Focus: Oxford hub: schools plus

Despite the obvious educational prestige associated with the city of Oxford, schools in our local area suffer from some of the lowest pupil attainment at GCSE level in the country – Oxford was ranked 320th out of 324 areas in England for this in 2012. This is inextricably linked to social and economic deprivation in the outer areas of the city, with pupils from lower income households in these areas (those on free school meals) performing below students from similar backgrounds across the country. This is a huge problem, not only because this is evidence that young people are being denied basic qualifications due to things they can’t control, but also because a lack of attainment at this level severely reduces the educational opportunities they have in the future. Significant numbers of young people in our city are leaving school not only with attending their local university a pipe dream, but with little hope of making it to university at all.

How can we help solve this problem? Of course, there is no one easy solution to the complex array of factors that contribute to the incredible amount of educational inequality that exists not only in our local area, but also in the UK as a whole as well as around the world. That doesn’t mean, though, that students can’t make a real difference, particularly in our local area. This year alone, more than 300 student volunteers have been involved in a total of 27 projects (such as Reading Plus, Maths Plus, and History Plus) in 13 local schools, including six projects that were set up this year.

It’s not just a numbers game either; our impact evaluation (both qualitative and quantitative) has shown student-tutoring makes a huge difference, both to students’ grades and their attitudes to learning in general. For example, in one school 83 per cent of students attending Geography Plus tutoring sessions with Oxford University and Oxford Brookes students gained 5 good (A*- C, including maths and English) GCSEs, compared to 73 per cent for those who were not participating in any Schools Plus projects. Teachers agree – 83 per cent of teachers interviewed strongly agreed that taking part in tutoring sessions had a positive effect on their students’ confidence and interest. In the words of one English teacher: “Not only do they feel increasingly familiar and confident with the texts they will be called upon to analyse, they feel listened to, supported and valued by their mentors, and this can only help to increase their chances of GCSE success… These are typically students on the C/D borderline, for whom securing a grade C will significantly impact upon their future prospects and life chances.” She also highlights the broadening of horizons the project fosters, on both sides of the relationship: “Our students begin to learn about the possibilities available to them after school – both at university and in the wider world. I would like to think that this is also reciprocal and that one of the many benefits the visiting mentors gain from working with other students is a greater insight into their lives, situations and hopes for the future.”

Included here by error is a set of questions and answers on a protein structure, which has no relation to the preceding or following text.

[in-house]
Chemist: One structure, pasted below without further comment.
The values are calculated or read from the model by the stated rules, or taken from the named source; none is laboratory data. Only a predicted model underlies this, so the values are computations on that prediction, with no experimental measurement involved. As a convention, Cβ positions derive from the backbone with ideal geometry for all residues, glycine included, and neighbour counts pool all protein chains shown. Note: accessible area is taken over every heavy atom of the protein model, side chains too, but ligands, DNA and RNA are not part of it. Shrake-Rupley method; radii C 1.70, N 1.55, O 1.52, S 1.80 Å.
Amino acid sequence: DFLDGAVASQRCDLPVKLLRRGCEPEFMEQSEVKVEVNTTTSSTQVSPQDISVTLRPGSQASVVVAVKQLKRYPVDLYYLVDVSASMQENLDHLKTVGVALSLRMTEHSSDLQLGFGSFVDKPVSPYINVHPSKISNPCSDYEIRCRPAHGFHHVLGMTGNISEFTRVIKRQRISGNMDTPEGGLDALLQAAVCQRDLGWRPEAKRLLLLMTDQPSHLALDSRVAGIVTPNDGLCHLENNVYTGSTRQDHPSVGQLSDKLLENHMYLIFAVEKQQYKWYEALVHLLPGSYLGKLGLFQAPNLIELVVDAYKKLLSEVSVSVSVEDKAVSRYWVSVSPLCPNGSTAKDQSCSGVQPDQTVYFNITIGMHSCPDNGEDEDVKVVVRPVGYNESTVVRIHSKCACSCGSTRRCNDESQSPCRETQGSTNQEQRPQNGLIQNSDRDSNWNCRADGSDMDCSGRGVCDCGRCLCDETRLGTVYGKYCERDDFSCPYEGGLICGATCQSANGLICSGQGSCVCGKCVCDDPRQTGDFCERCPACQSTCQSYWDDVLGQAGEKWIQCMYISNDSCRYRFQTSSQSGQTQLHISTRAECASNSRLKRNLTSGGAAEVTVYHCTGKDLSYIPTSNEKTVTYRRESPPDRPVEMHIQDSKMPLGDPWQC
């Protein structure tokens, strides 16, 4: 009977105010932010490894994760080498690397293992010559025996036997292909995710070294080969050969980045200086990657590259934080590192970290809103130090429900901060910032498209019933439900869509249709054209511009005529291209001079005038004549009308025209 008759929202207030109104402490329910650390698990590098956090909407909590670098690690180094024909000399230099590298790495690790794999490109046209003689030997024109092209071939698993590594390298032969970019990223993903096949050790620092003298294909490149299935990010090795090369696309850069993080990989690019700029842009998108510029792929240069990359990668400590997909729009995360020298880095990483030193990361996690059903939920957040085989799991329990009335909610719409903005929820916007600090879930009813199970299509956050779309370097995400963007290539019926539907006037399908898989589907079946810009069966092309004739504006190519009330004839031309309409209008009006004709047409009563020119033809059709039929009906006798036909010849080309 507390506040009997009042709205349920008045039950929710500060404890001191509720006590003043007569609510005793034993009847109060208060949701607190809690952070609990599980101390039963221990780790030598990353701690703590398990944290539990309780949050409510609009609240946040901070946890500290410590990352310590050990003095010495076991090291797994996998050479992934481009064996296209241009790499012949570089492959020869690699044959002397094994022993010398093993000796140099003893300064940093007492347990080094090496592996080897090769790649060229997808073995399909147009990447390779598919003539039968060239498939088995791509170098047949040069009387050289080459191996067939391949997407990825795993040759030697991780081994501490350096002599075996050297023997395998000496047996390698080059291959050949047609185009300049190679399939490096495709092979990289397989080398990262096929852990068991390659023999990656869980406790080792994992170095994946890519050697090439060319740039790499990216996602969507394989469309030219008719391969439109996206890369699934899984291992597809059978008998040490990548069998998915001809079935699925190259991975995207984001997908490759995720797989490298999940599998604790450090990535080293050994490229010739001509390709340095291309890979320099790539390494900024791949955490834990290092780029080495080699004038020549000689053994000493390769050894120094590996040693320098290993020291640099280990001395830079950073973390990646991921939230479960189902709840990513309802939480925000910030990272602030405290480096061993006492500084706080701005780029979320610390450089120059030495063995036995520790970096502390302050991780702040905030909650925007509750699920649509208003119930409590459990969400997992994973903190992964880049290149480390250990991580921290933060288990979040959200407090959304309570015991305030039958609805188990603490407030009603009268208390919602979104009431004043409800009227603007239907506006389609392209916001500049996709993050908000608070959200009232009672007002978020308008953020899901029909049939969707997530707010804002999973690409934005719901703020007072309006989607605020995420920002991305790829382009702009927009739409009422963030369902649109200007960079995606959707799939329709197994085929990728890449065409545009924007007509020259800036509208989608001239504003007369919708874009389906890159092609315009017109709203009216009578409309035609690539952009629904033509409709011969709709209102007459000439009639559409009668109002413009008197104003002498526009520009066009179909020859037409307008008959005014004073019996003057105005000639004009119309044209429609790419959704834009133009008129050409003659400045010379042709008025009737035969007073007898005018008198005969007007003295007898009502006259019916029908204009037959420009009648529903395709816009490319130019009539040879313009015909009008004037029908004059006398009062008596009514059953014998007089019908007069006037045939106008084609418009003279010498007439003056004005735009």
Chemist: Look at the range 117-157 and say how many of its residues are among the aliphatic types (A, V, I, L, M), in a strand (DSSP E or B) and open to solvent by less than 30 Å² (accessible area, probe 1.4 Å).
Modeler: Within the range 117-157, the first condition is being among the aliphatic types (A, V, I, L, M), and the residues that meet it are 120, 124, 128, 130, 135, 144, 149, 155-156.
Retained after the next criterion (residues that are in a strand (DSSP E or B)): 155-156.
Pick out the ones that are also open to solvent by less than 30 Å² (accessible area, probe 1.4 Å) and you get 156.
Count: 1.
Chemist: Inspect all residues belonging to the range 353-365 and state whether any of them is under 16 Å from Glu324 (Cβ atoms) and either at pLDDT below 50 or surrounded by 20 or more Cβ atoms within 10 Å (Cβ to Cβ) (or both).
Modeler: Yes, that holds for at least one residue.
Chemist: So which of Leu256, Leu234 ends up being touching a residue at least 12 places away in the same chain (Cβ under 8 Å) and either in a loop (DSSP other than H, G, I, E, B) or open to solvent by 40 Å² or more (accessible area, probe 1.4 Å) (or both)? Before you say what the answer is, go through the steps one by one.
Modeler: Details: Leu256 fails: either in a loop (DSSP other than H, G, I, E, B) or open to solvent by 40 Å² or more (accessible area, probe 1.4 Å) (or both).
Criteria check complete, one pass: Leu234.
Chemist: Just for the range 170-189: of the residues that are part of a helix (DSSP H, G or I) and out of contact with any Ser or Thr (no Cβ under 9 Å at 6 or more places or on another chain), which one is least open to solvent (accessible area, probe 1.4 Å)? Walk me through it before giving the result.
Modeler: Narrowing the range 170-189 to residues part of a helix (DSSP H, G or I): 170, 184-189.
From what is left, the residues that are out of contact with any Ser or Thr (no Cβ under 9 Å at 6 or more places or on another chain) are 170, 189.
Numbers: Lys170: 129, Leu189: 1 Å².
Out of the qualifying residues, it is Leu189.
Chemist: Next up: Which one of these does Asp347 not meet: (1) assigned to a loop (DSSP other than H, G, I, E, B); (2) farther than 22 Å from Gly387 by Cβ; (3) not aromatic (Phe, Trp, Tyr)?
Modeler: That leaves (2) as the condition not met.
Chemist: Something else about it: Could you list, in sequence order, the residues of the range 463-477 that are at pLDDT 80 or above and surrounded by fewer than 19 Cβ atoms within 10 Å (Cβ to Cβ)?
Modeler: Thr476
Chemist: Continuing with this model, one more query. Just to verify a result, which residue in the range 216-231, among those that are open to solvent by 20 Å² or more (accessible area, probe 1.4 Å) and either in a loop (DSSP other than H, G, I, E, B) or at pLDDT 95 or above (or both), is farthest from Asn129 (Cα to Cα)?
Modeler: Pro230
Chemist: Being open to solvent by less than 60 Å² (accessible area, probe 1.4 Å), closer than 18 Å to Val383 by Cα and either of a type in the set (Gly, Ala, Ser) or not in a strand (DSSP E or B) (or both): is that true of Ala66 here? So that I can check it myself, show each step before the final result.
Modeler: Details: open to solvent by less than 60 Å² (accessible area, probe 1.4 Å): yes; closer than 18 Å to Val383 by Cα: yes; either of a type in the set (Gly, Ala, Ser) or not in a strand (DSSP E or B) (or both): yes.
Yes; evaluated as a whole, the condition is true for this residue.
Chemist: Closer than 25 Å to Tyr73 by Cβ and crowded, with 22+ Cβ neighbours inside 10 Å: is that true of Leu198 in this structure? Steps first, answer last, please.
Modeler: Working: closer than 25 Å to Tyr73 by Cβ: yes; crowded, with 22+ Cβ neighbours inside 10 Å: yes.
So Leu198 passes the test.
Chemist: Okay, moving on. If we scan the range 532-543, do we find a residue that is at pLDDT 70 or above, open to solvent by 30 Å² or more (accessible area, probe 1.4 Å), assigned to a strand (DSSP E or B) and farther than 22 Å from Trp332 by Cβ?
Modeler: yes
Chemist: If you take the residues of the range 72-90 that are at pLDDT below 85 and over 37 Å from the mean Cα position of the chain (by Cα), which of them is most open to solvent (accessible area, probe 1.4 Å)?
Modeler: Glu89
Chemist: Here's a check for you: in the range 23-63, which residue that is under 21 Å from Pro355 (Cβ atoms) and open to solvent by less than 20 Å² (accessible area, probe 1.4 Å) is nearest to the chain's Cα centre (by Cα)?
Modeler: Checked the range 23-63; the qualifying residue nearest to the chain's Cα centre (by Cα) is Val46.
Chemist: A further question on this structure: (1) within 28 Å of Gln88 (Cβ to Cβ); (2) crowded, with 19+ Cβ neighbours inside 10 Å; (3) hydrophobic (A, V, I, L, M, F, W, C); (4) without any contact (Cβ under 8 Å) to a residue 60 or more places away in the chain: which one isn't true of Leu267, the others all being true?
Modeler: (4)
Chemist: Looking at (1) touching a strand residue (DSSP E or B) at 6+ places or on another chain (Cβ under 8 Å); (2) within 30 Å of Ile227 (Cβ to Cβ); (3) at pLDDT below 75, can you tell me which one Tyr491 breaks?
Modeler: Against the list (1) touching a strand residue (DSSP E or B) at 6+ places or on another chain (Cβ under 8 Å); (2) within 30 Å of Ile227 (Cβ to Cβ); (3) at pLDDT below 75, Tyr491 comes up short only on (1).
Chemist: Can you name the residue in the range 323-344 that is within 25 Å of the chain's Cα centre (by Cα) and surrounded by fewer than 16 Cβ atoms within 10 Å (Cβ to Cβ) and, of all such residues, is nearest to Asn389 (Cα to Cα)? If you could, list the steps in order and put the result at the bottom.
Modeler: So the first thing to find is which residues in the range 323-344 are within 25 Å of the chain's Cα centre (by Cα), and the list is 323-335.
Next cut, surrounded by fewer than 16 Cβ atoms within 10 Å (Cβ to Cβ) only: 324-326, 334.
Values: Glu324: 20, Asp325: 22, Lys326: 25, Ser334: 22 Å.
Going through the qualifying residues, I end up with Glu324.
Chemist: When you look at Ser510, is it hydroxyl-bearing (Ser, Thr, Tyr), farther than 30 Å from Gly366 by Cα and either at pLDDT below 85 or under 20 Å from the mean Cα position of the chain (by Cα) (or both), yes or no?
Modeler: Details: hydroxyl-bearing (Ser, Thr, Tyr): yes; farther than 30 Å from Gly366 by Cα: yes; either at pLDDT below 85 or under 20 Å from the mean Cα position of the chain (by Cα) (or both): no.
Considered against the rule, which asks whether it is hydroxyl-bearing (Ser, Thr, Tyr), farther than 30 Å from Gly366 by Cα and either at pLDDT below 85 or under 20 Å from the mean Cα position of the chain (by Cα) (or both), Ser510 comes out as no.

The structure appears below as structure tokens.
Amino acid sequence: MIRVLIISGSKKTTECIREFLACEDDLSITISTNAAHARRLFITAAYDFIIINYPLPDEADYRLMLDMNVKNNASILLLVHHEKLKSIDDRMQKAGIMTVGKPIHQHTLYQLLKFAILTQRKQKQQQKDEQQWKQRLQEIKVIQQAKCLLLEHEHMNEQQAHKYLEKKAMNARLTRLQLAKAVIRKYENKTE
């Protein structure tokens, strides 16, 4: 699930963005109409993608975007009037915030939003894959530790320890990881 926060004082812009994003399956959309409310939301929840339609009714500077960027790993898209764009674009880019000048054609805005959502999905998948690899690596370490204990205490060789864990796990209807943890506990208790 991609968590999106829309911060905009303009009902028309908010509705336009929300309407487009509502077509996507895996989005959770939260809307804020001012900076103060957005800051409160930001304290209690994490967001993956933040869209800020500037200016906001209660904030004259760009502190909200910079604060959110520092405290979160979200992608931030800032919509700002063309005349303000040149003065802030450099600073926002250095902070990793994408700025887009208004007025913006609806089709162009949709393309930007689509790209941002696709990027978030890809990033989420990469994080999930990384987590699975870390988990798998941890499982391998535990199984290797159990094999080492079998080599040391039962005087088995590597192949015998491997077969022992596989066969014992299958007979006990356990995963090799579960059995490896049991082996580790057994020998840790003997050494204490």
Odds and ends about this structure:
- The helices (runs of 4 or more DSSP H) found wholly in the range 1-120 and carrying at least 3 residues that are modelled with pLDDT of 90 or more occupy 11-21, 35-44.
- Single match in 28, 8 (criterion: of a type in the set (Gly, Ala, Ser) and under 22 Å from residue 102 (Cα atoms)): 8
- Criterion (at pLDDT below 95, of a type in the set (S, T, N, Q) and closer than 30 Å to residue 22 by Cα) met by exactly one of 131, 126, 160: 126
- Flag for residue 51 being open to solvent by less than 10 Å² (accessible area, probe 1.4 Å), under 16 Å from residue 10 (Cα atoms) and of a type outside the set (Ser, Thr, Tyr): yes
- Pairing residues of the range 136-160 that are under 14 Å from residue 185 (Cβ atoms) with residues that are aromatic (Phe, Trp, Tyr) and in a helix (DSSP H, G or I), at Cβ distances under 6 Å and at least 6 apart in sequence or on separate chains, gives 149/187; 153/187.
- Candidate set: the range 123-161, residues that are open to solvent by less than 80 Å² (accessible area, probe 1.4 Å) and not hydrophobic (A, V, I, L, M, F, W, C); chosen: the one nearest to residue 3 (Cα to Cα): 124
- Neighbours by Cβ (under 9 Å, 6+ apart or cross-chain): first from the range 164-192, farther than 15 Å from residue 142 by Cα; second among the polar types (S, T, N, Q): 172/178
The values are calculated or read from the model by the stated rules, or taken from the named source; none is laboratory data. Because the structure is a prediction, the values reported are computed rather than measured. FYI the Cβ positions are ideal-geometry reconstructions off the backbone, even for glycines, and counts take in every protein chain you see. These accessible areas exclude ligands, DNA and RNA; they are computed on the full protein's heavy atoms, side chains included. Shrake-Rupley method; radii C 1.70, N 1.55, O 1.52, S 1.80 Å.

My personal journey with Schools Plus began by accident, because someone I knew happened to work at the Hub and was running a project, English Plus. I enjoyed my first couple of sessions, but something was missing – my passion for the subject. So I set up my own project, piloting History and Politics teaching in two secondary schools in Oxford. The challenges were unique in each. In one school, we as tutors were acting as an element of continuity for an A level class which simply did not have a permanent teacher. Helping with exam technique and revision guidance, we were providing students with a depth of subject knowledge and critically, passion, that they didn’t have elsewhere. In the other, passion was still key, but this was about helping a small history department in a huge school extend its reach into different subject areas and teach its best students the kind of independent research skills that their permanent teachers simply couldn’t. More than this, the sessions gave us all the opportunity to ask and answer questions, dispel myths and just have a laugh.

Through spending a few hours a week, tutoring the subject they love not only can students boost grades, we can also engage with our local community. It’s not ok for us to simply continue to revel in the privilege of our ivory tower – an excellent education should be within the reach of everyone, regardless of social and economic background, and I believe we as students have a duty to take action. Over 70 per cent of Schools Plus tutors feel their volunteering has helped increase their understanding of educational issues in the UK, but we can and we must, do better. Nervously going along to my first session ages ago because someone I knew thought I’d enjoy it, and being completely terrified of not fitting in has somehow evolved into a personal passion (some might call it an obsession) for tackling educational inequality and social action in general. By continuing to hold talks, debates and conferences on these issues, and by sharing our stories of them, we can break down the barriers of difference – not only between communities, but also within our own community. I believe everyone has a social cause that is important to them, and it is through engaging with our local community, and by actively raising awareness of it that we as students can create real sustainable change – both in terms of measurable short term impact and in terms of educating ourselves and each other into making social impact an integral part of our lives well into the future. The Oxford Hub, and the projects it supports are essential to this, and without it our School Plus volunteers would not have been able to make the difference they have, and many students would not be able to pursue their personal causes – whether they be environmental, social, or economic.